The art of book scanning – propelled no doubt by the sudden flood of e-book readers like the Kindle, iPad and others – is hotting up significantly. Where before you would have to spend upwards of $3000 for a ‘cheap’ book scanner, you can now get away with shelling out just a few hundred dollars, or in some cases almost nothing if you can scrounge up the bits. Here’s a quick roundup of some of the most interesting offerings out there.
Book Liberator. Nice looking and elegantly constructed V-cage style scanner which is targeted at a price of $350 or so including twin cameras. This type of manual scanner typically copes with 3–400 pages an hour, which makes them ideal for personal or small business use.
Reetz DIY Scanner. The first serious open source movement to create a family of working cheap DIY book scanners. Now a wildly successful community of scanner hackers, with free plans, a forum and loads of divergent products. Priced from around free.
Cardboard Box Scanner. The ultimate sticking tape and string scanner, grabbing whatever is around the house. Just throw in a lamp or two and a cheap digital camera and you’re good to go. Perfectly inventive.
Plustek OptiBook 3600. Low cost, ‘zero edge’ scanner which is specially designed to cope with book spines and avoid gutter shadow when scanning. Other than that it’s a standard 1200dpi, 48bit flatbed scanner with OCR software and cataloging software for an impressively low $209.99.
Portable Digital Copier. Another impressive home-brew design, coming in at less than $20 for materials excluding camera. You’ll need some tubing, wood scrap and lots of little screws to build the frame and cam holder. And of course some free software to convert from a JPEG image to PDF.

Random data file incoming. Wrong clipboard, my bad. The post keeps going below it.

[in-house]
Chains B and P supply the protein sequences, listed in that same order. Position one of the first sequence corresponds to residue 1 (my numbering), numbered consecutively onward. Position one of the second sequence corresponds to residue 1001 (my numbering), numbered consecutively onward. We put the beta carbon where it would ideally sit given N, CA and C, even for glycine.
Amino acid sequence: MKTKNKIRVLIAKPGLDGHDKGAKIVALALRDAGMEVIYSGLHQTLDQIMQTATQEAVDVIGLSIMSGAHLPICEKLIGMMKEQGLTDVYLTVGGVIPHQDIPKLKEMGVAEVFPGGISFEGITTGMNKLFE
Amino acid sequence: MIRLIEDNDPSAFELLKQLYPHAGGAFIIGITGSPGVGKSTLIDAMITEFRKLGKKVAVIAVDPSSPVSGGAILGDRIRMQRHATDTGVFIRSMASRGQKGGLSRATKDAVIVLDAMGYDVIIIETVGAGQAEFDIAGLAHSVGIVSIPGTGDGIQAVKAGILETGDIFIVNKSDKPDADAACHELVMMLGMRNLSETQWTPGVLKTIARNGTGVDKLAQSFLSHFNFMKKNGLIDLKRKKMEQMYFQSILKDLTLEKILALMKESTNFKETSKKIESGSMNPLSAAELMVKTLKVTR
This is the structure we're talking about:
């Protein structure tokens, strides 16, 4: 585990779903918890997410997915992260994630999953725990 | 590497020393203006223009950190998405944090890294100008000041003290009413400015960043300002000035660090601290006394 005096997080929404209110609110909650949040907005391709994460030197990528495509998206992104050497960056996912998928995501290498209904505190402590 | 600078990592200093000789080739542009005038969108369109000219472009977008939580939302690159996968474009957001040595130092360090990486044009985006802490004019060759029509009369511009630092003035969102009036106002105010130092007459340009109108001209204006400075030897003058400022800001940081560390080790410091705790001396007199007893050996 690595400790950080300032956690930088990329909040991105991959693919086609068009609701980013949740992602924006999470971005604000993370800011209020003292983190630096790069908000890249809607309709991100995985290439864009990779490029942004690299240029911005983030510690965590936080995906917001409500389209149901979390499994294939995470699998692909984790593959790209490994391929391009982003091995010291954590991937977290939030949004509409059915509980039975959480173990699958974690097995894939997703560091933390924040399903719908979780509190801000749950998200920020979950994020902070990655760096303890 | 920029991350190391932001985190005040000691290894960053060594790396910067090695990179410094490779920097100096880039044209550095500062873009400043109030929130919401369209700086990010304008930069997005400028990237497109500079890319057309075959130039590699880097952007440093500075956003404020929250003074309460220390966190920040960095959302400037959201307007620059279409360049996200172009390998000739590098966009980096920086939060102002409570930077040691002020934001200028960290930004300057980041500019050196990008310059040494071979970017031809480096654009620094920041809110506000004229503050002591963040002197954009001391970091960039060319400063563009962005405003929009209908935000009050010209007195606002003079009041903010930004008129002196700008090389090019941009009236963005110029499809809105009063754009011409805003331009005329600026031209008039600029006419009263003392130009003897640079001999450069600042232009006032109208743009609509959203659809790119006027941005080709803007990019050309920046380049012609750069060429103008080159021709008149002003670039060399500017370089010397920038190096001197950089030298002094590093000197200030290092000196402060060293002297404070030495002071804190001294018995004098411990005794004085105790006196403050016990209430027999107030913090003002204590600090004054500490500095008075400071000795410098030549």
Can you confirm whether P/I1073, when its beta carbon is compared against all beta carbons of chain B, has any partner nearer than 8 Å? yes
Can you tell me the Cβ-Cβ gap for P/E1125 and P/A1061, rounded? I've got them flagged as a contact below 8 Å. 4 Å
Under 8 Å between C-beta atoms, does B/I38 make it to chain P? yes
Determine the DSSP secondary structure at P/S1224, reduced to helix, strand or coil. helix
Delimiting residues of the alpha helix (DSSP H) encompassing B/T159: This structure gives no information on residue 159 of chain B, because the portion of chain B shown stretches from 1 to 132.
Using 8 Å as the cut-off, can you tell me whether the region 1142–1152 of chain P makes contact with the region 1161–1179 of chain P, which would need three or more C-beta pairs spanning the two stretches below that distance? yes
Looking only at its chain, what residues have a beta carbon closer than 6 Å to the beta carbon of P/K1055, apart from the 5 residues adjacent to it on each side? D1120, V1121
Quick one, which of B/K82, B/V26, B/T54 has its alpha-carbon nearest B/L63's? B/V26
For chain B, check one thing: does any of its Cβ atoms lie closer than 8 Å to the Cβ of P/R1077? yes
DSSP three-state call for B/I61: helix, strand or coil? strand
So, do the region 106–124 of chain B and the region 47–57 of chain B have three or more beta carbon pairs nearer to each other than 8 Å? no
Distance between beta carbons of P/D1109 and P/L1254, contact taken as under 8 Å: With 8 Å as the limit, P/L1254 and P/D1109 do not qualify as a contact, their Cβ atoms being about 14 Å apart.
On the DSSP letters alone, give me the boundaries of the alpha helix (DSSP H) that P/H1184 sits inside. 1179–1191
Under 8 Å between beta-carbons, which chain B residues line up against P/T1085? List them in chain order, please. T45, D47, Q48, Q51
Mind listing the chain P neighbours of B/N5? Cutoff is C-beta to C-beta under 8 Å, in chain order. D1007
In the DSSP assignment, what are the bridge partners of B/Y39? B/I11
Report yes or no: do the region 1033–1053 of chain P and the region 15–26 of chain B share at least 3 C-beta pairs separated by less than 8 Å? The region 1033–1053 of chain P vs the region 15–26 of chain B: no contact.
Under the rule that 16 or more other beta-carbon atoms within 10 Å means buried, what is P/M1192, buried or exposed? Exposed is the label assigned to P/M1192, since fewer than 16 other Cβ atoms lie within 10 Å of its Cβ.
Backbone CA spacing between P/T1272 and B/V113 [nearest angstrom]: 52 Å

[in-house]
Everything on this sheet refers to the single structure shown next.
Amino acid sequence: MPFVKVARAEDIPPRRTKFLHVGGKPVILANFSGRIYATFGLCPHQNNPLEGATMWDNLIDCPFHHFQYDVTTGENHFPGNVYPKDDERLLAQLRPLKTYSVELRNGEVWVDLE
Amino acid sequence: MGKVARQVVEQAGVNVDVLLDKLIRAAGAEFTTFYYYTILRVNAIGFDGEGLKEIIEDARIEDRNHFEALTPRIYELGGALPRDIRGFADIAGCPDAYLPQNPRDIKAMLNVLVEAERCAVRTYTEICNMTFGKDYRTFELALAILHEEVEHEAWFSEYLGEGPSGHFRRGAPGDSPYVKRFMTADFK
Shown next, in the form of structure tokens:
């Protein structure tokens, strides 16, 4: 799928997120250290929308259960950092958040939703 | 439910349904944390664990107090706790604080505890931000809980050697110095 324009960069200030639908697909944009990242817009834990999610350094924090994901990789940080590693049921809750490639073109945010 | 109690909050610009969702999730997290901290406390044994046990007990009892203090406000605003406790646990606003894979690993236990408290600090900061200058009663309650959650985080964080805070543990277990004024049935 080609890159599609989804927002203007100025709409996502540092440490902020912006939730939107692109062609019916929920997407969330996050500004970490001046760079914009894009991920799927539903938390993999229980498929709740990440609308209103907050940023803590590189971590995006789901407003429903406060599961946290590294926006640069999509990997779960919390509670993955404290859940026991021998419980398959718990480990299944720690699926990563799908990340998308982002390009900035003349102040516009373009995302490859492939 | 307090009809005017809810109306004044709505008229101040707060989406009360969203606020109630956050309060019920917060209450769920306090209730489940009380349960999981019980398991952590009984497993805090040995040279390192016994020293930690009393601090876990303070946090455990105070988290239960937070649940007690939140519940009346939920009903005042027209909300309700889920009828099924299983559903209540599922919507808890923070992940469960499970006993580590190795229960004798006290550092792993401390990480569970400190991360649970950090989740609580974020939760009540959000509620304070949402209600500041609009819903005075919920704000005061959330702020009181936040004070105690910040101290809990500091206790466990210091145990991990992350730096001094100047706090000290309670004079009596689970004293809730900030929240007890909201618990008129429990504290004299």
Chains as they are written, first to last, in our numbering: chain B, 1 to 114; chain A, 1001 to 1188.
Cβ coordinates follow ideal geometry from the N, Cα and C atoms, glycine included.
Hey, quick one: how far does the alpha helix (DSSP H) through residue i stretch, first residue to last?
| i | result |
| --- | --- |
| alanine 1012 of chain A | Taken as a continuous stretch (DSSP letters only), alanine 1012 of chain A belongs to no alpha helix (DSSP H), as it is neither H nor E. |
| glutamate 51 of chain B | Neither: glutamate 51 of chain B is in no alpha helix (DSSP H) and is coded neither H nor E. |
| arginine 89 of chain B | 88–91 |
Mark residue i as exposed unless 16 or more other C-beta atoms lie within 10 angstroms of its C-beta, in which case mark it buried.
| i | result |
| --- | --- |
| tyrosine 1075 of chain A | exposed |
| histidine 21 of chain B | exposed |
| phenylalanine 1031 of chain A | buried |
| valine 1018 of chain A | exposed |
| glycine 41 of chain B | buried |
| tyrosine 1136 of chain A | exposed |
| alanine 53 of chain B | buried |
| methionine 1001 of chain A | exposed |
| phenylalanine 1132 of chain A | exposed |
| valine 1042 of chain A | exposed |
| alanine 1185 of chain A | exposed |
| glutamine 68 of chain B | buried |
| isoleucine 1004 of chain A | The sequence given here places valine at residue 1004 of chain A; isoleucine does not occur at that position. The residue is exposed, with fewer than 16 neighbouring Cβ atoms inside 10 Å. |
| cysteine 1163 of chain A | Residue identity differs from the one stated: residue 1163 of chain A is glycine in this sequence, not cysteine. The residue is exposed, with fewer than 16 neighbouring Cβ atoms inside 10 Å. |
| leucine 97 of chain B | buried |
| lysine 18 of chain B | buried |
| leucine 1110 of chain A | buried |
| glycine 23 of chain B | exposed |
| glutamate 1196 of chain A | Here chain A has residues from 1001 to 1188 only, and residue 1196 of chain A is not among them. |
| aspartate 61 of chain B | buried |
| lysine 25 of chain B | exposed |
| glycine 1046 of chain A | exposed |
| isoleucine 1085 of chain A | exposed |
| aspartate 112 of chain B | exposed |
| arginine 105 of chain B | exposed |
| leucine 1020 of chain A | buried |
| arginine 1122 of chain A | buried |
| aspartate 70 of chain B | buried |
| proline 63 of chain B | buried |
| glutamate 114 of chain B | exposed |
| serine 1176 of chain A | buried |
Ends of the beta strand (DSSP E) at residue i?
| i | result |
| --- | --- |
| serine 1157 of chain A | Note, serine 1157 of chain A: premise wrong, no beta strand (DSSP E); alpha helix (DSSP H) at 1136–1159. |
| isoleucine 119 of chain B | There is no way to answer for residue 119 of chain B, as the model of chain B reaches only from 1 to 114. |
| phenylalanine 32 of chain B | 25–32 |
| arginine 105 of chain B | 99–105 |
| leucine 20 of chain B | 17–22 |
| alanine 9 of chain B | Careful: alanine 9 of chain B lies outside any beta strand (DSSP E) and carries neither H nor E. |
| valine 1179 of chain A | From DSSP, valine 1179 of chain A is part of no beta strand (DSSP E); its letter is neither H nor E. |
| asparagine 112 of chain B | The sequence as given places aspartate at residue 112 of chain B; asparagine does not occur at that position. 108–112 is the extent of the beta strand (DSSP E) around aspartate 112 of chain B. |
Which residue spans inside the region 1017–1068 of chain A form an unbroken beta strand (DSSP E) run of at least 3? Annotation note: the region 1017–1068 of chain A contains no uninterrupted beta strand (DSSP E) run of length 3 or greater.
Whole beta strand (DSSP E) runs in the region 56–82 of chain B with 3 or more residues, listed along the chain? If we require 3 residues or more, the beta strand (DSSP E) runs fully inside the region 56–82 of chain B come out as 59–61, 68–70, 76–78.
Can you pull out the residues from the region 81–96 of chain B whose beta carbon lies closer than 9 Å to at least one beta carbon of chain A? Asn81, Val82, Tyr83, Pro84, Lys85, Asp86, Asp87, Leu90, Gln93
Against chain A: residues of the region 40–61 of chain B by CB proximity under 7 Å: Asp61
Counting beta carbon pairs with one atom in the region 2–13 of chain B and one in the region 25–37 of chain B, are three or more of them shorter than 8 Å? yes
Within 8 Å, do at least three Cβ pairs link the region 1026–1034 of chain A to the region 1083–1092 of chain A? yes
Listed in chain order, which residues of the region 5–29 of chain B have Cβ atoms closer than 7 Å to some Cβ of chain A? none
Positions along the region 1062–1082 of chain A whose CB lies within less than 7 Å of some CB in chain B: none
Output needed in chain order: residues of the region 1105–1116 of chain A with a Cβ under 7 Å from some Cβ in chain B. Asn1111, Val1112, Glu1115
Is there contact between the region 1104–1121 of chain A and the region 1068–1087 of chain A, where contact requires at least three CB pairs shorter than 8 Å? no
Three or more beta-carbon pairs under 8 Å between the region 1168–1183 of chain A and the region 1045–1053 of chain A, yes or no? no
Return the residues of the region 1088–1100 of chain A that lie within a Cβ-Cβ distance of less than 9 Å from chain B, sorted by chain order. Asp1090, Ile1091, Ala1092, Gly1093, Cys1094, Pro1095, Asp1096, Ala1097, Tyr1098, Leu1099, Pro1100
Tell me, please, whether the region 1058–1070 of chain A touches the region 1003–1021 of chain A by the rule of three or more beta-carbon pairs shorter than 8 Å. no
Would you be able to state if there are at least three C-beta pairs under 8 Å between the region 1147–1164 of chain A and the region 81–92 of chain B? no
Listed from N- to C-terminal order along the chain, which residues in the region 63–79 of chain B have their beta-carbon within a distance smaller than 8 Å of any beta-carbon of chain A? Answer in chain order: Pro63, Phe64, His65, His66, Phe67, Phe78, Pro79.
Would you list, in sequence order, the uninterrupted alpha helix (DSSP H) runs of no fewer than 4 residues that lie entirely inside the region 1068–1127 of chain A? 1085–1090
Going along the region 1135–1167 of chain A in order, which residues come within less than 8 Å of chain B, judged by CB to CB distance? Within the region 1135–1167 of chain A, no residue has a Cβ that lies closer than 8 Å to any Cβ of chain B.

Scan2PDF Mobile. With the arrival of 5 to 8 megapixel cameras on mobile phones, there’s no reason why you can’t use your humble handset as a text scanner and converter. If you’re using Android, then you’ll need something like the Burrotech Scan2PDF Mobile software ($14.99) and you’ll be set. Obviously if you need to scan large books you should think about using some sort of frame to hold the camera.
ScanDock for iPhone. This innovative little structure is specially designed to hold your mobile phone (it’s specified for an iPhone, but will probably adapt nicely to any other smartphone with a decent camera) in the right position to scan documents on the fly. And on the cheap. Available as a full set of assembly plans and corrugated card material for $14.99.
Epson DC-10 Document Camera. Portable lamp and SXGA camera combo which lets you capture up to two pages at a time onto the internal memory or SD memory card. Also features 40x zoom for intricate scans. Priced at $533.43.
HoverCam X500 Pro. Five megapixel, 600 DPI scanner, can capture pages up to A3 in size. It comes with TWAIN support which means it will interface easily with most computer OCR software, but you’ll need to supply your own lights to get the most out of this product. $399.99.
Auto Page Turning DIY Scanner. It had to happen. A cheap, homemade automatic page turning book scanner to save your fingers from the tedium of flicking through the book as you scan. Definitely still a work in progress (the latest version uses suction rather than friction to move the page), but smooth, fast and efficient is definitely on the horizon with this tech.
Finally, here’s a great collection of videos from Photo400 relating to all manner of book scanners, high and low end, cheap to mega expensive. There’s a bunch of interesting techs on show if you’re interested in the subject. Enjoy!